Henry G. Plitt, a World War II hero who after his discharge developed Plitt Theatres into a chain of 600 movie screens nationwide before selling most of them in 1985, died early Tuesday of pancreatic cancer at his Beverly Hills home.
Plitt was 74 and at his death was chairman of the board of Plitt Amusement Co., which owns nine theaters in Washington state. A company spokeswoman said Plitt also headed the Showscan Corp., a new company working on a high-technology film process designed to enhance the integrity of screen images.
He was a member of the New York State Bar when he joined the 101st Army Airborne Division before World War II. When he was discharged in 1946, he had been awarded four Purple Hearts for his various wounds, the Silver and Bronze stars, each with a cluster, and was among an elite group of paratroopers who jumped into occupied Holland and France, the latter during the D-Day invasion.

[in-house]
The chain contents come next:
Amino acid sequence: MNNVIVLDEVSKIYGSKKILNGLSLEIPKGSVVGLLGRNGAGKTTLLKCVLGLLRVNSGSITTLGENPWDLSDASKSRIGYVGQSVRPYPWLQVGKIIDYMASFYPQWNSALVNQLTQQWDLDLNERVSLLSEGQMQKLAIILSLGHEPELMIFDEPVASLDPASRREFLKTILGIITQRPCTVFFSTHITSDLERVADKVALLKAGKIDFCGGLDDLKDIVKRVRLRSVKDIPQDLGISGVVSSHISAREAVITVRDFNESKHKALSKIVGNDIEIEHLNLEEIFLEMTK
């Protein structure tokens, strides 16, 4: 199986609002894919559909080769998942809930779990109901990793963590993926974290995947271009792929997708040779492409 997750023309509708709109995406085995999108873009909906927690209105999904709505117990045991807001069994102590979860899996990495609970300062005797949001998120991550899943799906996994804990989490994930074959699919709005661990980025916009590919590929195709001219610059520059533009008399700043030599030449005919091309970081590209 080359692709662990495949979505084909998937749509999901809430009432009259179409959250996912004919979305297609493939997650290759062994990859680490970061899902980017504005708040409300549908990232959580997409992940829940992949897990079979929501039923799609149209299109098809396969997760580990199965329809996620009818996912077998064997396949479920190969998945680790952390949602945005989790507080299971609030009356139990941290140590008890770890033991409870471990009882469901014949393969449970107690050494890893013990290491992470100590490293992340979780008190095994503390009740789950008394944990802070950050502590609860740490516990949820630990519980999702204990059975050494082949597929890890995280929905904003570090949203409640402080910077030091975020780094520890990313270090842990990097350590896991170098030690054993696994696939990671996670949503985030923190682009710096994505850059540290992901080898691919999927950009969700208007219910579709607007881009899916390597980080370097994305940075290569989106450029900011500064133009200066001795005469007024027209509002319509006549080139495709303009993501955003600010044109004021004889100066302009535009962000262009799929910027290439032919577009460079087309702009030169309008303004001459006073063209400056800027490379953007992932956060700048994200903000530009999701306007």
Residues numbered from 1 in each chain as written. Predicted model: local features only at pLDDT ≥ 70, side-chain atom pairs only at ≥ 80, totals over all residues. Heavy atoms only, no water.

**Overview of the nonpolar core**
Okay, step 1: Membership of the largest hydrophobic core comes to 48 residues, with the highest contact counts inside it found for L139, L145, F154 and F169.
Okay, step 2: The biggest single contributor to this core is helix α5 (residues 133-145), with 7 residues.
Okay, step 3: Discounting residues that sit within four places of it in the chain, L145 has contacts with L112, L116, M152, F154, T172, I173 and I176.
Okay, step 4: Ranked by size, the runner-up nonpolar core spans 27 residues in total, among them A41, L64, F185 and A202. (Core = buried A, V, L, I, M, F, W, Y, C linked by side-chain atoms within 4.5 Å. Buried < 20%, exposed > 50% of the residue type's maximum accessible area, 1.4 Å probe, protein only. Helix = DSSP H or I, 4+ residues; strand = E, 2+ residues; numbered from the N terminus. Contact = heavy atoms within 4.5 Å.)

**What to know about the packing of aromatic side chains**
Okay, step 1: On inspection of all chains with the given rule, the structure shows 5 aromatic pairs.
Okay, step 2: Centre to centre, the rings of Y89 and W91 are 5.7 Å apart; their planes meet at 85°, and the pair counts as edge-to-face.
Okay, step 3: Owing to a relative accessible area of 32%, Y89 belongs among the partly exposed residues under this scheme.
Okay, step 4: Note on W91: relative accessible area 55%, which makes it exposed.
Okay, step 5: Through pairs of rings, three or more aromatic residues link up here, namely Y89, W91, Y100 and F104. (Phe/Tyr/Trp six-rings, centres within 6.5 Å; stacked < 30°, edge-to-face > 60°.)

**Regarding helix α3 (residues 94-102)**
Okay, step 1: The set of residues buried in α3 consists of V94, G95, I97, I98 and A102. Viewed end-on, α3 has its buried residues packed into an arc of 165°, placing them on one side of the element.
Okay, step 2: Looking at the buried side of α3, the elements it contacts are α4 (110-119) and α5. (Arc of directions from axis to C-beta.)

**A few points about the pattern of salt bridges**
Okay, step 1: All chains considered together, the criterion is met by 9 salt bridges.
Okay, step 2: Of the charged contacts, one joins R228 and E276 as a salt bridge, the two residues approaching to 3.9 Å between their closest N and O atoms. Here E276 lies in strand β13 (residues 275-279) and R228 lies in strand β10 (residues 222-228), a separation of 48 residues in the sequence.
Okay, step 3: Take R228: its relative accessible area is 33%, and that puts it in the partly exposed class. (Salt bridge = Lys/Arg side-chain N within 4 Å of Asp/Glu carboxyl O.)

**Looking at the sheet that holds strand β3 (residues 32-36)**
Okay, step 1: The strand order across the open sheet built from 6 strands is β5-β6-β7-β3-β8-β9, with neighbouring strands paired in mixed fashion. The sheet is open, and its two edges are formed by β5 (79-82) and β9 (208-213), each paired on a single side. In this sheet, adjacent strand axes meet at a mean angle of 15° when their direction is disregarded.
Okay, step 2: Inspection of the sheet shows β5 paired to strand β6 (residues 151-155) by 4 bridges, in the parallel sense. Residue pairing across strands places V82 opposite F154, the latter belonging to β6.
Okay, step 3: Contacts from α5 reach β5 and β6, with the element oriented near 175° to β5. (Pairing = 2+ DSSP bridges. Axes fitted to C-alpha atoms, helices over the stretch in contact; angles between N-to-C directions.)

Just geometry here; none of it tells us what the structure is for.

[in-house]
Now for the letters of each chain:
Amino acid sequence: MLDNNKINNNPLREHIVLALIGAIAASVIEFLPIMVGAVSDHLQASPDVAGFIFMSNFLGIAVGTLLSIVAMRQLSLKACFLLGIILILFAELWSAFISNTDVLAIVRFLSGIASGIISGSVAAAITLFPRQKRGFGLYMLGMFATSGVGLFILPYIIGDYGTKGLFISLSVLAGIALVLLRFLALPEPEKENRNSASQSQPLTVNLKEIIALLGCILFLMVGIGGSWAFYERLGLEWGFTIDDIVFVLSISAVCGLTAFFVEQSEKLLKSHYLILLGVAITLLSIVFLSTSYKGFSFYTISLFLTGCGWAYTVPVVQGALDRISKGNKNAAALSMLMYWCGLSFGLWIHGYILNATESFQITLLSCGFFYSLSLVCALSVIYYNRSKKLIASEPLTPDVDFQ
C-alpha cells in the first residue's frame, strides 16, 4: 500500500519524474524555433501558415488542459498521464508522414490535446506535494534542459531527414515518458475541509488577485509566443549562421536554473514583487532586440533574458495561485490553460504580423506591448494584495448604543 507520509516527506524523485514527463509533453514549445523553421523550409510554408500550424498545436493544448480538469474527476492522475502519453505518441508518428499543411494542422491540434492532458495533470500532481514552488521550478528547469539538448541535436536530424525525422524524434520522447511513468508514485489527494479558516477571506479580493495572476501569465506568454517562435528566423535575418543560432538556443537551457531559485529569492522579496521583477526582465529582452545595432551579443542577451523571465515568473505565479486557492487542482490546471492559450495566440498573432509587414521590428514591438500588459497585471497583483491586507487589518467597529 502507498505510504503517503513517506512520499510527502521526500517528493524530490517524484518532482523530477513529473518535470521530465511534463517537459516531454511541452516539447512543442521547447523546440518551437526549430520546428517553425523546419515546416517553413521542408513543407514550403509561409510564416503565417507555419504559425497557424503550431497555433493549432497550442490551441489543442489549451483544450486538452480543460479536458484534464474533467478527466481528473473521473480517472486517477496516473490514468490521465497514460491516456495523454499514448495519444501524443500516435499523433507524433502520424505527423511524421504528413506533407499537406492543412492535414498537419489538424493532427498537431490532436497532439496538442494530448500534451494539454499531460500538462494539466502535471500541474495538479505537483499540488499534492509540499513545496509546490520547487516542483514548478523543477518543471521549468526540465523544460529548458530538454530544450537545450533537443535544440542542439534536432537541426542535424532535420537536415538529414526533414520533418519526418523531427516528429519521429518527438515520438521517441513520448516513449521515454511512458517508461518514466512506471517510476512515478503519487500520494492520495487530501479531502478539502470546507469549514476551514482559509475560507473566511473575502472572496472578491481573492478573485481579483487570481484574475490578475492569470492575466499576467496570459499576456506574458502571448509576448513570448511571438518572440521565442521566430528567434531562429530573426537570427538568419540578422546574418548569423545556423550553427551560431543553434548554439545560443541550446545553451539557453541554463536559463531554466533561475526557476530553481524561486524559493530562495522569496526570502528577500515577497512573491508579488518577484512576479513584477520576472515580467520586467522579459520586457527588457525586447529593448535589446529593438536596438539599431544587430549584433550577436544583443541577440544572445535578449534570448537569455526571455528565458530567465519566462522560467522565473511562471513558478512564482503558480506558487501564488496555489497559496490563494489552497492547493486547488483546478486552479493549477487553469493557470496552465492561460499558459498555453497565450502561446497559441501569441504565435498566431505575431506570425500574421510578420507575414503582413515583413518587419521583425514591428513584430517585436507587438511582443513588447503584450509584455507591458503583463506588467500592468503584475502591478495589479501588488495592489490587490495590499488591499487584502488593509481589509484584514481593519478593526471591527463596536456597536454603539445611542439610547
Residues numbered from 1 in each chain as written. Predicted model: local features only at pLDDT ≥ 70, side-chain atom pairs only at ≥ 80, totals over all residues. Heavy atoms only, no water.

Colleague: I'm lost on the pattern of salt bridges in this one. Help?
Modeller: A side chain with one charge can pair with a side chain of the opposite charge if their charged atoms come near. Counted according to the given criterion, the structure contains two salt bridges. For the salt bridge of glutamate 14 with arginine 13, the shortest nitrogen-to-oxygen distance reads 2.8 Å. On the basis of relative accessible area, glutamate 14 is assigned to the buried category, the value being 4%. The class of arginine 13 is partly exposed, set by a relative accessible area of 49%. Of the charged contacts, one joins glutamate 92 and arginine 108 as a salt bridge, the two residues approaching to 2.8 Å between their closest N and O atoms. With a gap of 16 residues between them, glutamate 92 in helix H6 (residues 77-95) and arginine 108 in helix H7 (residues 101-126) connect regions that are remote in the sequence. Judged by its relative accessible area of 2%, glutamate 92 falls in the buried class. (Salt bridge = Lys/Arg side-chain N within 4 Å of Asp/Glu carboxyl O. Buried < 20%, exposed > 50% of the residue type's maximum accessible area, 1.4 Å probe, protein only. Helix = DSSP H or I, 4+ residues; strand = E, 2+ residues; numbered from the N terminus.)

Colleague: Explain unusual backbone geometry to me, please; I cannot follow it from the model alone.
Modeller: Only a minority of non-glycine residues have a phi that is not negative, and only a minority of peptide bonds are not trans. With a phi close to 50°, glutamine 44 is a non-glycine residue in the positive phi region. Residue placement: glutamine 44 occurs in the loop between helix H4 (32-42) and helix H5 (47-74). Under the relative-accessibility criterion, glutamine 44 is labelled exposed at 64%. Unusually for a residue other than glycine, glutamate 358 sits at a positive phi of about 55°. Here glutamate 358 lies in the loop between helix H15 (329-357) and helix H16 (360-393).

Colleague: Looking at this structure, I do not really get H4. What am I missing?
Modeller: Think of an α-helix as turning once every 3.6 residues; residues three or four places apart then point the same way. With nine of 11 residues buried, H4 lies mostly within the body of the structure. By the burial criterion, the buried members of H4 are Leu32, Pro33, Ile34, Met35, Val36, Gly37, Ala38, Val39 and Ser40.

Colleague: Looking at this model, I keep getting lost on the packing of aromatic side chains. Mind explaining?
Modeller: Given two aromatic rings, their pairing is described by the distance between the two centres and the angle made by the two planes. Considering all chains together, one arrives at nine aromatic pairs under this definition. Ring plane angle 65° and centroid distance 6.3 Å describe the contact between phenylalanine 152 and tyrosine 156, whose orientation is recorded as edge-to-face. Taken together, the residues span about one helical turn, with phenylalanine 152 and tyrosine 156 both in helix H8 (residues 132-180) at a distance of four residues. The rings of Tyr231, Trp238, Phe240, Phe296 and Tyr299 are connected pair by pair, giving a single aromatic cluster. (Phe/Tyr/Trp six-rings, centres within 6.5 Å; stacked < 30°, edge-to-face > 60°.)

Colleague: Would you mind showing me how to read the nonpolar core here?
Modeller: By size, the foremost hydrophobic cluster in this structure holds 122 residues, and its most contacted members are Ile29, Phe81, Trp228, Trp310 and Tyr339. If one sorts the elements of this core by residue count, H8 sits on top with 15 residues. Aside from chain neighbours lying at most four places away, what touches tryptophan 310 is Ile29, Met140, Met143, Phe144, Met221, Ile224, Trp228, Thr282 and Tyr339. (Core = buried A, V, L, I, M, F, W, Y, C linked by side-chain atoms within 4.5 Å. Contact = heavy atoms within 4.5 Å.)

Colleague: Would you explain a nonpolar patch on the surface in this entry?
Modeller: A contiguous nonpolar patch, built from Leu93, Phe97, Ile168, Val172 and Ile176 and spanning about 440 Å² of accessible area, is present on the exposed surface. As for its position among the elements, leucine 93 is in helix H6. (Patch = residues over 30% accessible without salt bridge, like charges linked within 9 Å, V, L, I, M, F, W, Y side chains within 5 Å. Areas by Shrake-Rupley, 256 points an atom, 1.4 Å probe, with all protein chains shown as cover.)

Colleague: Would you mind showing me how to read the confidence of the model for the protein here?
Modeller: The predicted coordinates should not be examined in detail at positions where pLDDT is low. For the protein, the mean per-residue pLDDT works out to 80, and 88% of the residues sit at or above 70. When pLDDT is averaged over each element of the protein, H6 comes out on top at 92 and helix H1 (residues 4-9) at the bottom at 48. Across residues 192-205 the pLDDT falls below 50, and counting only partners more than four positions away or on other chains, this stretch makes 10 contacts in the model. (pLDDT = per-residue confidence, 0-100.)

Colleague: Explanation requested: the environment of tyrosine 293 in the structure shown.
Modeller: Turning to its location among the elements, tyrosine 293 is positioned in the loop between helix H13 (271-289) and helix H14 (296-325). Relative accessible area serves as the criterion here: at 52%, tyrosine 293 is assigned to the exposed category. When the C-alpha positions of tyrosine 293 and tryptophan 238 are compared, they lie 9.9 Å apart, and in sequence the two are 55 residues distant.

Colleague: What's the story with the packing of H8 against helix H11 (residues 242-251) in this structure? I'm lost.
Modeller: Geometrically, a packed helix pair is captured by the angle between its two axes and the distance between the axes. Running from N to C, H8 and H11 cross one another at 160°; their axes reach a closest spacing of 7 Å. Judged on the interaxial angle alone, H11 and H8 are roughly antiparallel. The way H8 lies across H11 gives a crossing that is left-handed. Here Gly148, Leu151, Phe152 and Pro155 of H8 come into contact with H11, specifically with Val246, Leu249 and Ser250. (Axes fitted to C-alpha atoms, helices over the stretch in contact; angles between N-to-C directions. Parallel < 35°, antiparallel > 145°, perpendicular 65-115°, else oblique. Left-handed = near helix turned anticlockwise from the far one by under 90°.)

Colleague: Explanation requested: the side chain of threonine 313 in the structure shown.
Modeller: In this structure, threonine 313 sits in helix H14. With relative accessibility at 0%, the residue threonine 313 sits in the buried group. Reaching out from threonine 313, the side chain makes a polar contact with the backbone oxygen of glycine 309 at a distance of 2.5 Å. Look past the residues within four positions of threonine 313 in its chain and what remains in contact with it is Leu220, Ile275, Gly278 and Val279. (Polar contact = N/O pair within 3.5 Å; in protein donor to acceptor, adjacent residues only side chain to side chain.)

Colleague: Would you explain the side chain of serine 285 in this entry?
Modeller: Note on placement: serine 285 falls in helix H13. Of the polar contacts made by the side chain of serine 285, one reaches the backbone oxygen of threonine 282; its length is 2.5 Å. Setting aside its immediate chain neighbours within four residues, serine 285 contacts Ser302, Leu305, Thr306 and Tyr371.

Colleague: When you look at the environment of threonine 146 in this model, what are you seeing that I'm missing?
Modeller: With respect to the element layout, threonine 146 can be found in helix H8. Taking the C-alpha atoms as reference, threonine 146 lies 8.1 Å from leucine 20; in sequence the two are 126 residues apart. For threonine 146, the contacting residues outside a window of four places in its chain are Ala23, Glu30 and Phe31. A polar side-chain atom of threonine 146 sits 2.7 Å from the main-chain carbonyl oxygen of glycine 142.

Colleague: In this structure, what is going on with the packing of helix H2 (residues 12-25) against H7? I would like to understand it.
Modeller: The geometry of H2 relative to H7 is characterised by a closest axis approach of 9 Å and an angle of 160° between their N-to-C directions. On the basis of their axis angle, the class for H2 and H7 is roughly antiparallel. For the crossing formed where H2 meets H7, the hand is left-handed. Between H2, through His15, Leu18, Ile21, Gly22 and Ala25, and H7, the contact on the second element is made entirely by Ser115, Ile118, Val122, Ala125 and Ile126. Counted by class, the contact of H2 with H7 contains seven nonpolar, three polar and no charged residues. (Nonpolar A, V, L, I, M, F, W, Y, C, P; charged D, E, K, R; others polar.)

He came home a hero in 1944. After speaking for a time at war bond and other patriotic rallies, he was returned to Europe where he helped in the liberation of several concentration camps and was involved in the pursuit and capture of Nazi war criminals. He eventually was promoted to brigadier general.